Murenga’s children: Their story


THE writing of this article has been prompted by many people who come from different walks of life and professions to enquire about who they are on the world map of human history.
These are always tough questions because they demand knowledge of everybody’s origins.
They cannot be answered without thorough research and commitment to one’s nation and its identity and pride among other nations.
The questions also point at the need for a national project of researching, writing and teaching our own history from our own perspective and in our own interest.
But most importantly, these quests for knowledge of one’s identity and history show clearly that the history our people learn in schools and universities does not help them locate themselves on map of human history.
Some of the enquirers, for instance, are students of history and graduates of history.
Others are teachers and lecturers of history in schools and universities.
Yet there is little to help them know who they are in the history that they have learned and teach.
The common questions usually asked include who are the Shona people?
Where did they come from?
Are the Manyika, Zezuru, Karanga, Kalanga, Ndebele, Nambya, Korekore, Ndau and Venda all Shona people?
How come they have different names, totems, languages, cultures and customs?
These questions are not academic.
Those who ask them seek simple, down to earth answers that help them have pride in themselves and their identity as Africans and Zimbabweans.
For instance, before explaining ‘who are the children of Murenga?’ let me first answer the question ‘who are the Shona people’ as straightforward and uncontroversial as I can.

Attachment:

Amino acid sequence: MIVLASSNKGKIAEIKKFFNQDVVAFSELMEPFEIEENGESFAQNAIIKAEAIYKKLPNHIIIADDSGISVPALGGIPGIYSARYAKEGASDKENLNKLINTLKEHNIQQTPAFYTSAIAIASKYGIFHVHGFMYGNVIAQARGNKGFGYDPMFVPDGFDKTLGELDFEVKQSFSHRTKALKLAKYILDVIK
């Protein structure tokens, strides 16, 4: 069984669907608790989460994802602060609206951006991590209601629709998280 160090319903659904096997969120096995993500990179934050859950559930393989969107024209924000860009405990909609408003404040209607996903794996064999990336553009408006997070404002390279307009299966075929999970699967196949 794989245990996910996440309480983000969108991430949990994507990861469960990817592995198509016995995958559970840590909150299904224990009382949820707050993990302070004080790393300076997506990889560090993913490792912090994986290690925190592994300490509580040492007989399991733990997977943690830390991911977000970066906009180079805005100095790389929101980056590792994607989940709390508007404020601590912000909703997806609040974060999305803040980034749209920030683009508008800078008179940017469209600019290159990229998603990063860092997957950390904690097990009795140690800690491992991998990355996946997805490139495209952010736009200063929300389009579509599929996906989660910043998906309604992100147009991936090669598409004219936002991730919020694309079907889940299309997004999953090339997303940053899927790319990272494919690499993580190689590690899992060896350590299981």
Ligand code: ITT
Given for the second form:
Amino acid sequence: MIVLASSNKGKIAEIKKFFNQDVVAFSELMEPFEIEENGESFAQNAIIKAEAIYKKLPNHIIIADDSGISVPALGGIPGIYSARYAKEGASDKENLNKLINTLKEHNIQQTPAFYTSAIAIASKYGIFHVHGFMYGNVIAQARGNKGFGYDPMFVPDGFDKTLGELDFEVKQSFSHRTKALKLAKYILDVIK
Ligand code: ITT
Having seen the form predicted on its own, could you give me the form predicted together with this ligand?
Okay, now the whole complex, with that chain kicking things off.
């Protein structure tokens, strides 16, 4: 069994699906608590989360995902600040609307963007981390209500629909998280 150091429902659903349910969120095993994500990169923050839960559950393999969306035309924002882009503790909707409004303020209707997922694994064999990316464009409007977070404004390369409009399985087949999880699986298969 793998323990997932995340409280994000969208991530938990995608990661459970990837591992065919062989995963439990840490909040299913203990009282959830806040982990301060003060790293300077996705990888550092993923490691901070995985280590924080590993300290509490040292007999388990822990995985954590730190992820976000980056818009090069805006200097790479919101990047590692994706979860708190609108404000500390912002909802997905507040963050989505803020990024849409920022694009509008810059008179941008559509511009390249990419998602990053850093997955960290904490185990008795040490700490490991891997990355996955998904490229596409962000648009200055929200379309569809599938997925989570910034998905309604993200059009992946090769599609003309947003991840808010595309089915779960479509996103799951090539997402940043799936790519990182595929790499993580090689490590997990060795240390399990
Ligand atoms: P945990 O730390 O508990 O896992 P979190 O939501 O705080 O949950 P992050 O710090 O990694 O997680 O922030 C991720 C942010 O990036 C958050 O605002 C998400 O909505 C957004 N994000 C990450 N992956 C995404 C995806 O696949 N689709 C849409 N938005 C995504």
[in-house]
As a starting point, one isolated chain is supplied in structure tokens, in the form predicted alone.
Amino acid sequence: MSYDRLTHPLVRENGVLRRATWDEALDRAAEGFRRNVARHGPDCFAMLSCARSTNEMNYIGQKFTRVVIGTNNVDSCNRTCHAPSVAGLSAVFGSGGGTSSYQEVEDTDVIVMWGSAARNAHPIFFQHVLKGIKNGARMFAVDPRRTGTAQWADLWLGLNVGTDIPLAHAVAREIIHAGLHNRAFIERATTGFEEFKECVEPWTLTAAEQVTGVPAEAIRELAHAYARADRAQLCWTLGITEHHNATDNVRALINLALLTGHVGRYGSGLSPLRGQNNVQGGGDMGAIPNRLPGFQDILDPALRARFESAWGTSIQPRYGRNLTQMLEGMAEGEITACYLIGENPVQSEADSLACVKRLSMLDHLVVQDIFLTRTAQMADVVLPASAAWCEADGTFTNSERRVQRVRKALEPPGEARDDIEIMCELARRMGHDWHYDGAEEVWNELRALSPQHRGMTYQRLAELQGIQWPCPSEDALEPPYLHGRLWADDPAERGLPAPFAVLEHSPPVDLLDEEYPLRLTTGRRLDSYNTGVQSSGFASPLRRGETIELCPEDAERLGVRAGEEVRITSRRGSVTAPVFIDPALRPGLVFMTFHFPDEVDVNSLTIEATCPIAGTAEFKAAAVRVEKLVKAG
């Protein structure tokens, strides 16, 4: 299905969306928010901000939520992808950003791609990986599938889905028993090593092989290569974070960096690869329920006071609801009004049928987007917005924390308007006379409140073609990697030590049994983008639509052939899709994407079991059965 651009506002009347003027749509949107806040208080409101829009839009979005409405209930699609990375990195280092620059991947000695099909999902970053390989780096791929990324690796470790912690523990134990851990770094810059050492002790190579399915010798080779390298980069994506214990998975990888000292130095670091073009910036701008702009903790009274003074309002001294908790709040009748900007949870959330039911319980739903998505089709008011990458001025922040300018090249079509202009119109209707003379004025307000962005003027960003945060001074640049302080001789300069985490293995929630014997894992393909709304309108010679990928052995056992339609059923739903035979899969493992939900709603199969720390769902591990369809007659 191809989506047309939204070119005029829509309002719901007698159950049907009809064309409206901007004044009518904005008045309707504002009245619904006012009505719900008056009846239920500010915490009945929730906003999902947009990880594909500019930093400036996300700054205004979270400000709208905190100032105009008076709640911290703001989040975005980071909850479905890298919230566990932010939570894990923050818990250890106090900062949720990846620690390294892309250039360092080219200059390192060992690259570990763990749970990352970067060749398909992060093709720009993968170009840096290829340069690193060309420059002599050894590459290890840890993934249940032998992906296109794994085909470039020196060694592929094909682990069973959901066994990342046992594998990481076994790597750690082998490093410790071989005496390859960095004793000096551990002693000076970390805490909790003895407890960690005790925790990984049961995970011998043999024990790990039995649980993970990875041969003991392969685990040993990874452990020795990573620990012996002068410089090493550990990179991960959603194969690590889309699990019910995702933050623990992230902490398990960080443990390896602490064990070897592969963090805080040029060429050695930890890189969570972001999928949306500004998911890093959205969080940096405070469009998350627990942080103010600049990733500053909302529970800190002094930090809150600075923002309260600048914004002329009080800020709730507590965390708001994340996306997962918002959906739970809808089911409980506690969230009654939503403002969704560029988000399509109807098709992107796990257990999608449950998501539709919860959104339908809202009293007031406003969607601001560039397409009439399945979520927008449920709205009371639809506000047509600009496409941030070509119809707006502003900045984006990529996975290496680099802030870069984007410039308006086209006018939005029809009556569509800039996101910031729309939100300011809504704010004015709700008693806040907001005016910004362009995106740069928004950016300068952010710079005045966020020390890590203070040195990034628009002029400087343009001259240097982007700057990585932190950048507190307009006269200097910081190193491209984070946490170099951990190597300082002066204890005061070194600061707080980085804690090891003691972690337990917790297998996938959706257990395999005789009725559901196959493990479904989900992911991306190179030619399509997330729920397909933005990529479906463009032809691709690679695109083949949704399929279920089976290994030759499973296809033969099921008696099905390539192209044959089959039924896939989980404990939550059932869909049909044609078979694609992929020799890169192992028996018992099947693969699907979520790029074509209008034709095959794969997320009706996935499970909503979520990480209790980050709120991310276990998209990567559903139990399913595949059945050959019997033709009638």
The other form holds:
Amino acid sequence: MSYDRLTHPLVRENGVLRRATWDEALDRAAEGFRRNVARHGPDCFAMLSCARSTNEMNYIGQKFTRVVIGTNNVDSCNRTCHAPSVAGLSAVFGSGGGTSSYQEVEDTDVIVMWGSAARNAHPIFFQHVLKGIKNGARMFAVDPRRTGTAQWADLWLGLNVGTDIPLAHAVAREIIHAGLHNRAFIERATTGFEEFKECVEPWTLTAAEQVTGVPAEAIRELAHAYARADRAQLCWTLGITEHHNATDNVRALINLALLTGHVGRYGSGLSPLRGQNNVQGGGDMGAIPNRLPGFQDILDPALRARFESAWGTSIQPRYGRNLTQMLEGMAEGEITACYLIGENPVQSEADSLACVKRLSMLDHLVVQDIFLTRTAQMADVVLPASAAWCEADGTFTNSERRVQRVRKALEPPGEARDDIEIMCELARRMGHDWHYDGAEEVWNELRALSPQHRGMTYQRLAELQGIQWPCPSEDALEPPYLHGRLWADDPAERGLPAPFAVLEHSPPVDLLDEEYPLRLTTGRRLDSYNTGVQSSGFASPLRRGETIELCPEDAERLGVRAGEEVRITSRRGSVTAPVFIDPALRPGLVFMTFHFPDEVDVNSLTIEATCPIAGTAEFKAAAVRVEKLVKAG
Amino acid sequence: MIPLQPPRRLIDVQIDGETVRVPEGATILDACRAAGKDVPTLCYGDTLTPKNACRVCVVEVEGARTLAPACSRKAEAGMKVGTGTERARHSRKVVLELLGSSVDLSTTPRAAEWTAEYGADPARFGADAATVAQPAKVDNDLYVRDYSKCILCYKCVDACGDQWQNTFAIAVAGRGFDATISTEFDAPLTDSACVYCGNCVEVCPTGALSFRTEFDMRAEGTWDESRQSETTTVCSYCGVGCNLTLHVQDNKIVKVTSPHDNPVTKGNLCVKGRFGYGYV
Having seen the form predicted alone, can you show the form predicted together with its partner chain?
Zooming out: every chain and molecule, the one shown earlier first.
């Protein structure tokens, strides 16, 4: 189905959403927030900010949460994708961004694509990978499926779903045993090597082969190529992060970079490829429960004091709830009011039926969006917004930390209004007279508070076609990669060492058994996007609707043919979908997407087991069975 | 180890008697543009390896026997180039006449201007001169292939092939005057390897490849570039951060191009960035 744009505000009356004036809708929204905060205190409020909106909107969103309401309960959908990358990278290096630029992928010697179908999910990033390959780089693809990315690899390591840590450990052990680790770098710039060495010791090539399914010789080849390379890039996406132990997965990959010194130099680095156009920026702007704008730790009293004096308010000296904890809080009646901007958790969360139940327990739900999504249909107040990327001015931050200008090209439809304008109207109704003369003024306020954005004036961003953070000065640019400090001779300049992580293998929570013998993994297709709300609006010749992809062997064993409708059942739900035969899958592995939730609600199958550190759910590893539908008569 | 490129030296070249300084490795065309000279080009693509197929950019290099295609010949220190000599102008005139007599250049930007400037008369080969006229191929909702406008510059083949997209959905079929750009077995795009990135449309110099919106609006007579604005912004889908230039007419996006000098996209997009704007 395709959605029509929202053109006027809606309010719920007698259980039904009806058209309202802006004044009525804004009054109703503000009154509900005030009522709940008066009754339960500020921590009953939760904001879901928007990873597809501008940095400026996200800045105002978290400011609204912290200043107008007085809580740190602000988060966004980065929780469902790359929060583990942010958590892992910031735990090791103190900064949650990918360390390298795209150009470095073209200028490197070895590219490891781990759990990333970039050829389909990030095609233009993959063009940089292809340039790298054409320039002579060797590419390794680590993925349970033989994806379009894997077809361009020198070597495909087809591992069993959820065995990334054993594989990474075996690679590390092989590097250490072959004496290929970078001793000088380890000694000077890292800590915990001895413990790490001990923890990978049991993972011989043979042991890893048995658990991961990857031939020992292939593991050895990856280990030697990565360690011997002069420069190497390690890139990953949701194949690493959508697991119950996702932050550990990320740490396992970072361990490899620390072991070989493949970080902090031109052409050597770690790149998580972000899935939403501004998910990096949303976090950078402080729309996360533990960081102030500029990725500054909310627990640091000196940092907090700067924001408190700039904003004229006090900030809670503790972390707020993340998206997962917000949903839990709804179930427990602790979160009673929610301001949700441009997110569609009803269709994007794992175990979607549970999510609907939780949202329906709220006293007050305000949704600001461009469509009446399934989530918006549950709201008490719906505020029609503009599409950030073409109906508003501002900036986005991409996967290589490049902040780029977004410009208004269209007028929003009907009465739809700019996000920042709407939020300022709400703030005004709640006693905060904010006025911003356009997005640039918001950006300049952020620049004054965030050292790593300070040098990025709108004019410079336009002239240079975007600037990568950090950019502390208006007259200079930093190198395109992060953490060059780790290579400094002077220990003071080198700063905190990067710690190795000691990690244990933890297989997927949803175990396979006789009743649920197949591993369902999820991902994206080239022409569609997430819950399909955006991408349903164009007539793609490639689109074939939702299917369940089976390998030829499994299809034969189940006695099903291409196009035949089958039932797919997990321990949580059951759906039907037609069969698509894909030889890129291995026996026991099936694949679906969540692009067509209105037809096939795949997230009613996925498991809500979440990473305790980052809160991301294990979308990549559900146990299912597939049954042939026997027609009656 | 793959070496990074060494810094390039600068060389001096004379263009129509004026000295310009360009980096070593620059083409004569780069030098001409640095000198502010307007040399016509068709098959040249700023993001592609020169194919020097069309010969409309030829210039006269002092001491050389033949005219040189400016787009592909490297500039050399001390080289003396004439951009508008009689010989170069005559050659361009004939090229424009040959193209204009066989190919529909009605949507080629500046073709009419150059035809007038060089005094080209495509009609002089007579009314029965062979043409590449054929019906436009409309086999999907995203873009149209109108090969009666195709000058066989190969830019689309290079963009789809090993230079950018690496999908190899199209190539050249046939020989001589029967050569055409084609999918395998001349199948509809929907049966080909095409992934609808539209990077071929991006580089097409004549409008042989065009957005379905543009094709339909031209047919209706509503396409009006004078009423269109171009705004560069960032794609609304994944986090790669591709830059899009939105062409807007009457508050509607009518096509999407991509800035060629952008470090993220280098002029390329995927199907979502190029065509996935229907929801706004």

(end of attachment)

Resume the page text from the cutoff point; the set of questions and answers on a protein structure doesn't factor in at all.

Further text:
In answering ‘Who are the Shona people?’ one must realise that there are two parts to this questions, although the inquirer thinks it is one question.
The first concerns the name Shona.
The second concerns the history.
One must first explain the name Shona, then the history of how the people came to be known as Shona.
Then proceed to talk about their origins.
For example, in one of my articles in this column entitled, ‘What’s in a name?’ I showed with evidence from research that the word ‘Shona’ comes from the Hindi word ‘Sona’, which means ‘gold’.
Gold in Gujarati is also called ‘Sona’.
The whole land under the rule of the Mwene Mutapas from lower Ethiopia through Botswana to Cape Town became popularly known as ‘the land of Sona’.
‘Sona’ was eventually corrupted to ‘Shona’ and the land became ‘Shonaland’.
All its people from Southern Ethiopia to Cape Town became known collectively as ‘Shona people’, that is, ‘people of the land of gold’.
Their administrative capital in gold trade was at Great Zimbabwe.
Those who lived far away from the administrative province of Great Zimbabwe eventually dropped referring to themselves as Shona and continued using the names of the founders of their lineages as their identity as they had been doing before the Indians called them Shona.
Those who lived in an area around Great Zimbabwe now known as Zimbabwe after independence continued to accept being referred to as the Shona without complaining, while at the same time referring to themselves by the names of the founders of their lineages as they had been doing before the Indians called them Shona.
So Shona is not what Africans called themselves.
It is what the Indian traders called them.
For example, Africans called themselves the descendants of Sohlangana/children of Sohlangana, the descendants of Ndiweni/children of Ndiweni, the descendants of Khumalo/children of Khumalo, the descendants of Mambiri/children of Mambiri, or the descendants of Murenga/children of Murenga founder of Great Zimbabwe and overseer of the land we now know as Zimbabwe and unifier and defender of all the lineages and people who now live in it, as his children.
The forthcoming article will help explain who Murenga is and how he led his children to our present land.



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